Department of Energy Argonne National Laboratory Office of Science NEWTON's Homepage NEWTON's Homepage
NEWTON, Ask A Scientist!
NEWTON Home Page NEWTON Teachers Visit Our Archives Ask A Question How To Ask A Question Question of the Week Our Expert Scientists Volunteer at NEWTON! Frequently Asked Questions Referencing NEWTON About NEWTON About Ask A Scientist Education At Argonne Gridling Trees
Name: Ellen
Location: N/A
Country: N/A
Date: N/A

I need help!!!! Rabbits gridled three of my new trees last week. I am a first-time tree planter and I had no idea that this would happen and the folks at the nursery hadn't told us that this was a danger. The bark is gone. Is there any way I can save these trees? The trees are about seven feet tall. They are a crabapple, a dogwood, and an Eastern redbud. Is there any such thing as an artificial bark that I can put on them? Thank you for your help. Ellen

Dear Ellen,

"How can I save a tree that's been girdled by rabbits this winter? Can it be saved? That depends on several factors. How large is the tree? How much bark is girdled away? Girdling cuts off the tree's transportation system and could kill it. To prevent further damage from rabbits use a cage made of hardware mesh 1/4-inch. Enclose trunk far enough from bark to allow trunk diameter to expand as tree matures, and at least two feet higher than expected snow line. To protect against mice and voles push mesh two inches into the ground. (Protecting Trees and Shrubs Against Winter Damage, MES FO-1411-B.) "

Also after the fact, but here are some damage control and prevention techniques:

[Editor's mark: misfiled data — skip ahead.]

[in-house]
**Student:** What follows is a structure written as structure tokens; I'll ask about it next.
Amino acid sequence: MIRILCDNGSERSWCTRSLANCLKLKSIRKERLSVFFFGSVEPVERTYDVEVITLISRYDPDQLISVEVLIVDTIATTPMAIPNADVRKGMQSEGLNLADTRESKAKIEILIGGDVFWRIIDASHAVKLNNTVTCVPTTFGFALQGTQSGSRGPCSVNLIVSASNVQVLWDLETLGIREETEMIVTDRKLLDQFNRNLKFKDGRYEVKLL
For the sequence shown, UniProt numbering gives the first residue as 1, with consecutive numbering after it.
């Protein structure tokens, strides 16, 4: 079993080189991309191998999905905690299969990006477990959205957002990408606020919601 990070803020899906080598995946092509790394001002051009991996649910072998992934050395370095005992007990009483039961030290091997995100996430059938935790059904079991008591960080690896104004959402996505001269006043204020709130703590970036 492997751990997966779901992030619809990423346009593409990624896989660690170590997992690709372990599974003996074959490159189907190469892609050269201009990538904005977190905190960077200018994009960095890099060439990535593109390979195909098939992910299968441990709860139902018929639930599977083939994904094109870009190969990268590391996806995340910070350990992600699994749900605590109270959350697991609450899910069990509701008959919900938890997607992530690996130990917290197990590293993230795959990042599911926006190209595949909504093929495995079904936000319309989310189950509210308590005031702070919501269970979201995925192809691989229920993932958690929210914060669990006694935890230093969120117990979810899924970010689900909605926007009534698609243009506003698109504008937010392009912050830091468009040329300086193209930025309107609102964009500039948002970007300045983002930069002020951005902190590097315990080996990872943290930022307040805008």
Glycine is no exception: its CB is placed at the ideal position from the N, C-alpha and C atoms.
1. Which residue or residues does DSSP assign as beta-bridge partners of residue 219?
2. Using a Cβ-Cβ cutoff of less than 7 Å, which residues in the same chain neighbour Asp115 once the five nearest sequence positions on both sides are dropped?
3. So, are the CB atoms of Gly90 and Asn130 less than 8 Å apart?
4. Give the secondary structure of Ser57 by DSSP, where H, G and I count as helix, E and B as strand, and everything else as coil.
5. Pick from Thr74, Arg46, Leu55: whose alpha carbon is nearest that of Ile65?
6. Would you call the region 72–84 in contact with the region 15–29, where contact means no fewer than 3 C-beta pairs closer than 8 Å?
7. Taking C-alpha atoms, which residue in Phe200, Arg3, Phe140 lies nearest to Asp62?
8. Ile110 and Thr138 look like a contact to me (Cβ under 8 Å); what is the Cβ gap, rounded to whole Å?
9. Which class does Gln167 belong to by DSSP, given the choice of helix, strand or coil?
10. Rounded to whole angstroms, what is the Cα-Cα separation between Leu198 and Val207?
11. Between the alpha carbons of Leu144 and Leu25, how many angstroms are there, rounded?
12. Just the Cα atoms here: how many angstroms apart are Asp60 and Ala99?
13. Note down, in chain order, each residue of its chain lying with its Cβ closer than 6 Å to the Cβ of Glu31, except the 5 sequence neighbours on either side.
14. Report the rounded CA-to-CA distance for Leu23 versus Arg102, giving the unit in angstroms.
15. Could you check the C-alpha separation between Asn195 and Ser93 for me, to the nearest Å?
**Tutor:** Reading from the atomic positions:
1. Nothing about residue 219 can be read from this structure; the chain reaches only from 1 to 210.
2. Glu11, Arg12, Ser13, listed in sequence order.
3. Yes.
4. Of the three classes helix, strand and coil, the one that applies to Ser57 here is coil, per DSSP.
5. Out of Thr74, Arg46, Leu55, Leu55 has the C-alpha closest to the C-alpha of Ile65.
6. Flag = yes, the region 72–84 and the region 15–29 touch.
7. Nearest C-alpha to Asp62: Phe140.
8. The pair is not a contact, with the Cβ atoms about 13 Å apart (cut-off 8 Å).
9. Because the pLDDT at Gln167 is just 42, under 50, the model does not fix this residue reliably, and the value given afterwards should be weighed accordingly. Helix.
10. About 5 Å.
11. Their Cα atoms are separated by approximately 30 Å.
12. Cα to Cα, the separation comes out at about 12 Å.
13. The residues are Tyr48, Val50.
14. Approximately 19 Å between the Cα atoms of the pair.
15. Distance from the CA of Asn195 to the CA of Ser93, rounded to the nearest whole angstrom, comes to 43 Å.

Anthony R. Brach

Hello Ellen,


There is no such thing as artificial bark. Once its gone so is your tree. Professional nurserymen protect their stock with a flexible tube that is placed around the trunk of young trees until they reach a good size. Most retail nurseries sell tubes or can help find a source. Tree wrap may also be used. Check with your supplier. Often they will replace a tree if it does not leaf out in the spring after a fall planting. Gobs of suppliers are on the internet.

Good Luck,

Wayne Vanderploeg

Click here to return to the Biology Archives

NEWTON is an electronic community for Science, Math, and Computer Science K-12 Educators, sponsored and operated by Argonne National Laboratory's Educational Programs, Andrew Skipor, Ph.D., Head of Educational Programs.

For assistance with NEWTON contact a System Operator (, or at Argonne's Educational Programs

Educational Programs
Building 360
9700 S. Cass Ave.
Argonne, Illinois
60439-4845, USA
Update: June 2012
Weclome To Newton

Argonne National Laboratory